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Vibration would not be readily seen, by workers, as a danger to health in the workplace. It is, and the injury can be serious.

Many industrial machines transmit vibration to the body. Some, like vehicles, can transmit the vibration to the full body. Others affect a limb or part of a limb.

Sustained exposure to vibration can produce permanent damage. Nerves and blood vessels may degrade and the limb will lose sensation. “Whitefinger” is a term for this kind of damage.

If alleviated promptly the sensation may return to the limb. Without attention, the onset of gangrene is a possible end result, requiring amputation of the affected limb or part.

A typical location for vibration injury is the carpal tunnel in the hand. The median nerve and nine flexor tendons pass through the carpal bones. With damage, the nerve can be pinched and produce numbness, tingling, burning, clumsiness and pain in the hand.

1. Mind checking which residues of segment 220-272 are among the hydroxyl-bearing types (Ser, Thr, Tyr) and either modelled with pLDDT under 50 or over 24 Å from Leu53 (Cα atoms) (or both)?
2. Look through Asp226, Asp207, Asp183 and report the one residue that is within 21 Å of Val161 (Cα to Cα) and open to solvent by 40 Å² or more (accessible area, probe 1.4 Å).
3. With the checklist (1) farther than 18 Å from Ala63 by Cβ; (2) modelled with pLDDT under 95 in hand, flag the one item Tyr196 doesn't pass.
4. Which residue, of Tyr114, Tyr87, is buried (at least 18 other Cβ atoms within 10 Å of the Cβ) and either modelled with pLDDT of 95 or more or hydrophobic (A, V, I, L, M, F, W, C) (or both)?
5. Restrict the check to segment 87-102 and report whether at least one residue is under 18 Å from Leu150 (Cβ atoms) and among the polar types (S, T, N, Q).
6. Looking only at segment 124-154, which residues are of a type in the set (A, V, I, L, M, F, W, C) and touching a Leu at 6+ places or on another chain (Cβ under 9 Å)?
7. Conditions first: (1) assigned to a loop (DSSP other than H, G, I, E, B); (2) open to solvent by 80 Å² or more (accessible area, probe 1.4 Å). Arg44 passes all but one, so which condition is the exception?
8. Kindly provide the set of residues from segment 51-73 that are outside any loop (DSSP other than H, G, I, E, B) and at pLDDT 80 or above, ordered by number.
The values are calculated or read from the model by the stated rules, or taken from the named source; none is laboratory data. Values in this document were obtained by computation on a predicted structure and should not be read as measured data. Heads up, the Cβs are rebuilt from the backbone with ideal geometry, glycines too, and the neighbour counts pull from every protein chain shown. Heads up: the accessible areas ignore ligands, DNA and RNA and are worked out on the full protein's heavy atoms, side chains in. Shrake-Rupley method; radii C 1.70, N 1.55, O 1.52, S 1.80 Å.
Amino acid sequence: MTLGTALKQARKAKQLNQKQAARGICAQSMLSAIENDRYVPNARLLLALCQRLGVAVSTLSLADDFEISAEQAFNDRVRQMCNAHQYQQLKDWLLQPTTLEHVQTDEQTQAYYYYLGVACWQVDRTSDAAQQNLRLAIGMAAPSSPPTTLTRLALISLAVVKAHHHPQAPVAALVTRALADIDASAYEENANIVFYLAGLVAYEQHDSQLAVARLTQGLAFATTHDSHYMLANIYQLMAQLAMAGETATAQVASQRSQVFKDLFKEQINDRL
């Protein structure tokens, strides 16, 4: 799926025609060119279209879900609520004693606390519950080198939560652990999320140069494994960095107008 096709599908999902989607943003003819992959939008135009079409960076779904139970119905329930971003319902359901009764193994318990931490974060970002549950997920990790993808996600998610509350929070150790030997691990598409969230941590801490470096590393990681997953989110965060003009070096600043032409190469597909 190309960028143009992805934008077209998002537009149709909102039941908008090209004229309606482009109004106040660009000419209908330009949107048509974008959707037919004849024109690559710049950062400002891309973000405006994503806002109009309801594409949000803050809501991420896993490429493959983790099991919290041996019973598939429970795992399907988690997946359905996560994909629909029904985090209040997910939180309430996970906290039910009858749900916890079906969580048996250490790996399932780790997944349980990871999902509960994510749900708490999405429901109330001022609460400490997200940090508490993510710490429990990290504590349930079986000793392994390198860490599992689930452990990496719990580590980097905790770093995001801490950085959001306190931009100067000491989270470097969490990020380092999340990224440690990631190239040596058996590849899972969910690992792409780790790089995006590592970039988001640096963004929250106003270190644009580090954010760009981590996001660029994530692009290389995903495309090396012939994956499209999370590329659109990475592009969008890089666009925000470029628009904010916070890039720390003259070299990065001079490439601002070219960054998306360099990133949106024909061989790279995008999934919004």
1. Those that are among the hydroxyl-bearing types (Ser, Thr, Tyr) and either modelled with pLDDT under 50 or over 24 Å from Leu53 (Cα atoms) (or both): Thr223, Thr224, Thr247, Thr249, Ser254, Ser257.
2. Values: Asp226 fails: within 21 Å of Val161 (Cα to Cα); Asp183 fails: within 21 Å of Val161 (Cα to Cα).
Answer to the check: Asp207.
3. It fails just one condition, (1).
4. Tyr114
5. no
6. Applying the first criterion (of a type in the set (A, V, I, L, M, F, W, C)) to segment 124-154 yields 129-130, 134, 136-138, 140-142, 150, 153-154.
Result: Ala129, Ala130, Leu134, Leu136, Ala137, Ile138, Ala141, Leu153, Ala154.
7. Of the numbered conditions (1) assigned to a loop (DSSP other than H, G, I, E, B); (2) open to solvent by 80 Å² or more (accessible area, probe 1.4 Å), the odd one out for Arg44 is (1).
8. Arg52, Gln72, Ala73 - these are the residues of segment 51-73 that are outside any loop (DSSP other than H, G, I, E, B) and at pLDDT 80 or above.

If machinery has not been properly designed the expense of “retrofitting” to eliminate the vibration may dissuade the employer from its obligations to keep the worker safe.

is a common and infrequently recognised cause of injury. It is an avoidable result of using many industrial tools such as chain saws, grinding, sanding, hammering or polishing tools.

Retrofitting is not easy when the whole machine is the cause of the vibration.

In a study in 1960 of 371 tractor drivers, long periods of tractor driving over rough terrain was shown to cause stomach complaints and spinal disorders. There was a direct relationship between the severity of the complaints and the length of service of the drivers. Kidney damage was also indicated by the presence of blood in urine.

For specific statutory duties on vibration see Part 5 Chapter 2 of the Safety, Health and Welfare at Work (General Application) Regulations 2007